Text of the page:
Erik Yingling is a PhD candidate studying ancient and medieval art. His research primarily focuses on Egypt and the eastern Mediterranean, and reflects his interdisciplinary interests and training in the history of art and religion. He can often be found seriously at play with the puzzles of damaged Coptic lacunae (parchments, inscriptions, ostraca etc.), or exploring artworks conceptually as they relate to ritual, animation, materiality, and sensory phenomena. One of his current projects probes issues of modern restoration efforts, forgery, and authenticity in a mummy coffin belonging to a certain "Chantress of Amun" (now in the Cantor Arts Center). It also sheds new light on the coffin's journey to California, as it was purchased by Dr. R.H. Plummer, while he toured the world and followed in reverse order the footsteps of Phileas Fogg (Around the World in Eighty Days).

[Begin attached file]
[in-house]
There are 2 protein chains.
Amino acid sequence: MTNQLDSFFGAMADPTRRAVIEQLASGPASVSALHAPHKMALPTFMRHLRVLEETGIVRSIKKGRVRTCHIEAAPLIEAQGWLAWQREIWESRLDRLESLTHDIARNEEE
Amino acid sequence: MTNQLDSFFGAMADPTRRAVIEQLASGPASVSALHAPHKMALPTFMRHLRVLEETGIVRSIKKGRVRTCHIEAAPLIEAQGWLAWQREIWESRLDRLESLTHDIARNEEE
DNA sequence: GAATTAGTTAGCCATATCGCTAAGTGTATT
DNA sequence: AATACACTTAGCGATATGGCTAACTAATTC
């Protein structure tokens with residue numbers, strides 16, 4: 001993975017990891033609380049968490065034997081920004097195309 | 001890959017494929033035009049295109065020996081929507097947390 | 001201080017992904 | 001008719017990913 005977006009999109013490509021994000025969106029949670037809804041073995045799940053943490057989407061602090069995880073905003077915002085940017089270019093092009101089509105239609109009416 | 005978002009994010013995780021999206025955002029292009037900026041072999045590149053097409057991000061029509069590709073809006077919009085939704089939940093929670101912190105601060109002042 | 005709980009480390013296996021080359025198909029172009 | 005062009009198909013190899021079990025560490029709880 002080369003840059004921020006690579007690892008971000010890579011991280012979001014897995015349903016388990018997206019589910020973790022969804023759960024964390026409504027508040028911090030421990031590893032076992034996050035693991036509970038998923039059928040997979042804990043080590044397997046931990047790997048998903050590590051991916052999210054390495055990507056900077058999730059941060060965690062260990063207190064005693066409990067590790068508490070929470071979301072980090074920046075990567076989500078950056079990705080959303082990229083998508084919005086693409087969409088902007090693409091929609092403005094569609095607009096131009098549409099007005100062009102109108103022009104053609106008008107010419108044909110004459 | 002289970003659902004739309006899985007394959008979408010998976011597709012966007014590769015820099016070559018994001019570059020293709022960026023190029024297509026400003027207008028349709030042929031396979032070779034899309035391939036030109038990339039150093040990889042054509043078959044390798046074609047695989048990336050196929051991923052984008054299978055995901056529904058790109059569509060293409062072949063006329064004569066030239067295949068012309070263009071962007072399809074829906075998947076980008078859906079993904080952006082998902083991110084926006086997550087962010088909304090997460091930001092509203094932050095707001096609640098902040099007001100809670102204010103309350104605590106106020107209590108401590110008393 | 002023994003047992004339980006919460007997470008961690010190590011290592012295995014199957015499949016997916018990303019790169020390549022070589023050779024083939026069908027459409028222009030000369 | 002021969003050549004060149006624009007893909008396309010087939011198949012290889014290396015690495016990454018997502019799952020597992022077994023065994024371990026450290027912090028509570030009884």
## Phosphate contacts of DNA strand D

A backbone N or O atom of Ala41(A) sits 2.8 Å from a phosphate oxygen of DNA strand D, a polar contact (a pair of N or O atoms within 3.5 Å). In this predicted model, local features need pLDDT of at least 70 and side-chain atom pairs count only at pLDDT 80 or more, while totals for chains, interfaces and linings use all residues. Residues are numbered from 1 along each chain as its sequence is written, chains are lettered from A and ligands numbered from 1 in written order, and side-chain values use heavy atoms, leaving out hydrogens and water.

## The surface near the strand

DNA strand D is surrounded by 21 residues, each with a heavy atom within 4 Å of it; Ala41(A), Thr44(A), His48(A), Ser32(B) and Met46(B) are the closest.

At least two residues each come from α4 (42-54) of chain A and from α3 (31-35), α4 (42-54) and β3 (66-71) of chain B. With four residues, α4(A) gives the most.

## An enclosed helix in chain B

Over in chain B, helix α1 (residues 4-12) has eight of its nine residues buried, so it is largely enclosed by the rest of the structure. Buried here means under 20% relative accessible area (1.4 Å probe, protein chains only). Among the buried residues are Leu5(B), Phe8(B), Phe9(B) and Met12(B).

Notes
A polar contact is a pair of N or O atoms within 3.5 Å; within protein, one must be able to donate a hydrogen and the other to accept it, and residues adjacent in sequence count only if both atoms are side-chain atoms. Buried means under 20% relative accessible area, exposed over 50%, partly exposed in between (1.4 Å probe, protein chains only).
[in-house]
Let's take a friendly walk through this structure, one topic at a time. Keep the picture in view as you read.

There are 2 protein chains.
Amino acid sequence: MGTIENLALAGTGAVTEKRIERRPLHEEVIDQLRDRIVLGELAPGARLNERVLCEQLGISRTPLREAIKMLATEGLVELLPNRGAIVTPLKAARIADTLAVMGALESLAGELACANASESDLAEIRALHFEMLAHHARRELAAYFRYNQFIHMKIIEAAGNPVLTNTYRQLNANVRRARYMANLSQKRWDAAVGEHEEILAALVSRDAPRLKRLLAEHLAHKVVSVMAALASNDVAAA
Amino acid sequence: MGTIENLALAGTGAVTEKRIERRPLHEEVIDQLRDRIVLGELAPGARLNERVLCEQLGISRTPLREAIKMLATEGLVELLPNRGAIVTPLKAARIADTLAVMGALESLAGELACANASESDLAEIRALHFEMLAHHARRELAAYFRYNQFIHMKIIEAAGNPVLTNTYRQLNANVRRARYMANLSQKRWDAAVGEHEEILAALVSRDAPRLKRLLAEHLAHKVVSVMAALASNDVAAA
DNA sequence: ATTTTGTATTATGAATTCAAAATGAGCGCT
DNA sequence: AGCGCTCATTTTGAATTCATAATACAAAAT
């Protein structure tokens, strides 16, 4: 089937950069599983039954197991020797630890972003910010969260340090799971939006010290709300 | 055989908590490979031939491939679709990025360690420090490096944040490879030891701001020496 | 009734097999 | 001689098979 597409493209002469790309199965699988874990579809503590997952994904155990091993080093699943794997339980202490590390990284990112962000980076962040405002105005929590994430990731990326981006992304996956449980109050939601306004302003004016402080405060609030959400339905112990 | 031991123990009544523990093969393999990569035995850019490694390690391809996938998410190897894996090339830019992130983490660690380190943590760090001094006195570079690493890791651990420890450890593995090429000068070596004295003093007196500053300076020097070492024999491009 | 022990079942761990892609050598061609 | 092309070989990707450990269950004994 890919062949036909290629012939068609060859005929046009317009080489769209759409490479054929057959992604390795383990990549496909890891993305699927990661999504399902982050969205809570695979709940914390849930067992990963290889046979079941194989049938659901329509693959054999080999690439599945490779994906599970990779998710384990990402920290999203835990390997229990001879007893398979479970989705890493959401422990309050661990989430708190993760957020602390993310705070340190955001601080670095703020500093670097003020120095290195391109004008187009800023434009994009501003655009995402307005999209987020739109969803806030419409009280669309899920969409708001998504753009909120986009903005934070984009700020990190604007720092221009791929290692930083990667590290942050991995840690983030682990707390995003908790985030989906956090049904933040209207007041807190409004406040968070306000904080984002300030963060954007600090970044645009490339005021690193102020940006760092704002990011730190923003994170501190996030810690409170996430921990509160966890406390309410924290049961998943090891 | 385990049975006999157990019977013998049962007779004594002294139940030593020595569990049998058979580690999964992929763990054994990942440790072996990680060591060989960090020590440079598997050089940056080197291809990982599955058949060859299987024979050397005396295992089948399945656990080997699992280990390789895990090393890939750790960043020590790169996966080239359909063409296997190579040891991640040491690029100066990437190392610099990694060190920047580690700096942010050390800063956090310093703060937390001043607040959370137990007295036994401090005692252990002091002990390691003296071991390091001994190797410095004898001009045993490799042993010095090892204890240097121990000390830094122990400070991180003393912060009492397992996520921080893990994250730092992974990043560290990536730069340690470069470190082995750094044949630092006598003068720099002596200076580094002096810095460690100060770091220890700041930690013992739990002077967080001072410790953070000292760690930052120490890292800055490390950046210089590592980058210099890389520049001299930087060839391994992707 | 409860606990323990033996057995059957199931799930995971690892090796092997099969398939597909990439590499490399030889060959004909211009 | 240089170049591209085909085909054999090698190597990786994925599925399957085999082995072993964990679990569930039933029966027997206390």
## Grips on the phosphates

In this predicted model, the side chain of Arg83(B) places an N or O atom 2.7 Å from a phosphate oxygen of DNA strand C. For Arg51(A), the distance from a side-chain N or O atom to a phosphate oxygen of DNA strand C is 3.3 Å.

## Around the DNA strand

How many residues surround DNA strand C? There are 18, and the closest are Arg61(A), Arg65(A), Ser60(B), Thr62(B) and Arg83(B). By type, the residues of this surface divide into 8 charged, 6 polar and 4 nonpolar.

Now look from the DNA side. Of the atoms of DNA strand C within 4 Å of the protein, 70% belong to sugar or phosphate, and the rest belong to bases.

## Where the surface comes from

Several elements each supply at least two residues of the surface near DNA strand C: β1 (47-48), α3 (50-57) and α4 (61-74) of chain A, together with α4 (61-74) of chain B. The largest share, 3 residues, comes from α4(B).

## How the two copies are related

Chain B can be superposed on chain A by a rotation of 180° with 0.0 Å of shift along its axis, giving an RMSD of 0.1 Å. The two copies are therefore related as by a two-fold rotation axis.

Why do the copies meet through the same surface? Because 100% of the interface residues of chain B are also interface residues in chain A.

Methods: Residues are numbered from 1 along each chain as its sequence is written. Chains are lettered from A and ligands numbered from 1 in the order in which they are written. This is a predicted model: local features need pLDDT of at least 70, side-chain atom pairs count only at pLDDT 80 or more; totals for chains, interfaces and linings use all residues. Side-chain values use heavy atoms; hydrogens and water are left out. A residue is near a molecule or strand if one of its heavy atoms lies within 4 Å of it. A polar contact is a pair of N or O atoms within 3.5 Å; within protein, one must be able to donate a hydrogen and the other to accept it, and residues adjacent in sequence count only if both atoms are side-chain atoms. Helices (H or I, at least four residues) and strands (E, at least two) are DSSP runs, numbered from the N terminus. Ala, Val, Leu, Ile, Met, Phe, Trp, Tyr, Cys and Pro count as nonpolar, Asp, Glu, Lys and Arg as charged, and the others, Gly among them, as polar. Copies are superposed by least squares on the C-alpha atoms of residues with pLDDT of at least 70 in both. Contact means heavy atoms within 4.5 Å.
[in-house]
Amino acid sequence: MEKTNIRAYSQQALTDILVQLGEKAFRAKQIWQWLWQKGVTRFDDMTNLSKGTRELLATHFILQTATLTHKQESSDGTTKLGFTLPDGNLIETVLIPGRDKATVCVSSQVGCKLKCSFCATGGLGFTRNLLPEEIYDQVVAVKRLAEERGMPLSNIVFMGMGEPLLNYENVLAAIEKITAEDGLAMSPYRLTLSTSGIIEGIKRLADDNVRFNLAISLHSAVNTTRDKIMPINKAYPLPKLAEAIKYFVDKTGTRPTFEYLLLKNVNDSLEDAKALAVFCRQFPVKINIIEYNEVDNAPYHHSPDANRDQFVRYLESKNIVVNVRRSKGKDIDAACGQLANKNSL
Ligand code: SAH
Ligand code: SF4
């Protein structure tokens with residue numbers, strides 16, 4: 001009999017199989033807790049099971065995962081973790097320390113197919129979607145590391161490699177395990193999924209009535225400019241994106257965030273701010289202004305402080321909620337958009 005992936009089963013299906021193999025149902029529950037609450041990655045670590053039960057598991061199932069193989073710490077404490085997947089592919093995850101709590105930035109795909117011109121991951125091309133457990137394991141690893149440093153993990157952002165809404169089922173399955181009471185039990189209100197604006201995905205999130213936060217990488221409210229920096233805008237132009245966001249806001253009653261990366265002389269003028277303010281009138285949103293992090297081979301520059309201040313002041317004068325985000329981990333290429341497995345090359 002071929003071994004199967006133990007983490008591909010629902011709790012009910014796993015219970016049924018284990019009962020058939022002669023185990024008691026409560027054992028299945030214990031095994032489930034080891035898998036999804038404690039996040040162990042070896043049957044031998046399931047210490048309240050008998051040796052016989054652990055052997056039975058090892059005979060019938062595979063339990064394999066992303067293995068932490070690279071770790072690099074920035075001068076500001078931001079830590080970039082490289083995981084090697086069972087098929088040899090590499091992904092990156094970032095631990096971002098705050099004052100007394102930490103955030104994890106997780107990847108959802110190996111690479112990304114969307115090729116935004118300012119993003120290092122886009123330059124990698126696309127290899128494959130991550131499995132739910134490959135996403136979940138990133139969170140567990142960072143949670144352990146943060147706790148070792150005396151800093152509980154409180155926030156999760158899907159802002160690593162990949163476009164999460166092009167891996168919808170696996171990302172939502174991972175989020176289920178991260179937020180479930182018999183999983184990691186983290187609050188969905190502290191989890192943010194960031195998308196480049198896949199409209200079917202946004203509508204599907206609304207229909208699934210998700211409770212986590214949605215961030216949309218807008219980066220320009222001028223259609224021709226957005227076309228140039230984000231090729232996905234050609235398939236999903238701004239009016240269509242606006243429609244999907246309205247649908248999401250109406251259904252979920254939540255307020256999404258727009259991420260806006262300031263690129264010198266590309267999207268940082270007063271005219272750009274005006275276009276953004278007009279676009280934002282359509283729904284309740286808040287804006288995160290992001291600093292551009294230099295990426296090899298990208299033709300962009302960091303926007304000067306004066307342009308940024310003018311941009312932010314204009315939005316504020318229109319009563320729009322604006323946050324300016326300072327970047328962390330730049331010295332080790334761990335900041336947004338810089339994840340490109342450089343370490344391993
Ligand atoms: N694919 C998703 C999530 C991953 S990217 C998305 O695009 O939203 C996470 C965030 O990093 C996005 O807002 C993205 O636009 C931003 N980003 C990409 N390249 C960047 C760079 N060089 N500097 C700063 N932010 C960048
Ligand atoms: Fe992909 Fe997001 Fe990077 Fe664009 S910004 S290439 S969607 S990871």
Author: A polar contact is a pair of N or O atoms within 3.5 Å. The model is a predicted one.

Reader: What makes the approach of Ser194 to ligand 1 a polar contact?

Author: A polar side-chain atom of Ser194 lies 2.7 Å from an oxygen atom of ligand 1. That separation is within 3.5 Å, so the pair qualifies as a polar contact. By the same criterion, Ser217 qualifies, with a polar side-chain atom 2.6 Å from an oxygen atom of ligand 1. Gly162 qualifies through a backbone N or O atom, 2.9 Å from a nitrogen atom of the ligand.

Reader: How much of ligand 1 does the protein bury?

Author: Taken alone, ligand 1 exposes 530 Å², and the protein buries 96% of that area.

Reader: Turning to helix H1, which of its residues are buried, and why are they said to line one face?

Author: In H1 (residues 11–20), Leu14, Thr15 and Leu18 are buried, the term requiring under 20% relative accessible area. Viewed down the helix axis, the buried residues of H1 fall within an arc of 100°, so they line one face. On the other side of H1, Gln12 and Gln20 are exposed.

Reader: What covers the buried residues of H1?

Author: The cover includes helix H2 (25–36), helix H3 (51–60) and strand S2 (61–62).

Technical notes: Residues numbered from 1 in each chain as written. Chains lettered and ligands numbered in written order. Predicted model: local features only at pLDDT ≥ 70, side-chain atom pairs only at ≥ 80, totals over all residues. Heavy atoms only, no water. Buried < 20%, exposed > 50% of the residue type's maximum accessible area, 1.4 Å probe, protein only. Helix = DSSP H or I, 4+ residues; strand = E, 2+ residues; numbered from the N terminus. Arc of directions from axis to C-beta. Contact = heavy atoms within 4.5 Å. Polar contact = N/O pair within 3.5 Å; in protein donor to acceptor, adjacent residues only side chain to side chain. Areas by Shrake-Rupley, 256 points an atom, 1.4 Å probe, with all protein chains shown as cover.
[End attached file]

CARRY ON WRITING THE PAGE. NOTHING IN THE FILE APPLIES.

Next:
“A New Coptic Epitaph from the Petrie Museum of Egyptian Archaeology.” Bulletin of the American Society of Papyrologists 53 (2016): 223–232 (with Lincoln H. Blumell).
“The Ghost in the Glass: Reflecting on Reflections and the Death Mask of Leland Stanford Jr.” In Faults and Traces: Some Stanford Ghost Stories.Stanford: Iris & B. Gerald Cantor Center for the Visual Arts, 2016. 54–61.
“Singing with the Savior: Reconstructing the Ritual Ring-dance in the Gospel of the Savior.” Apocrypha 24 (2013): 255–279.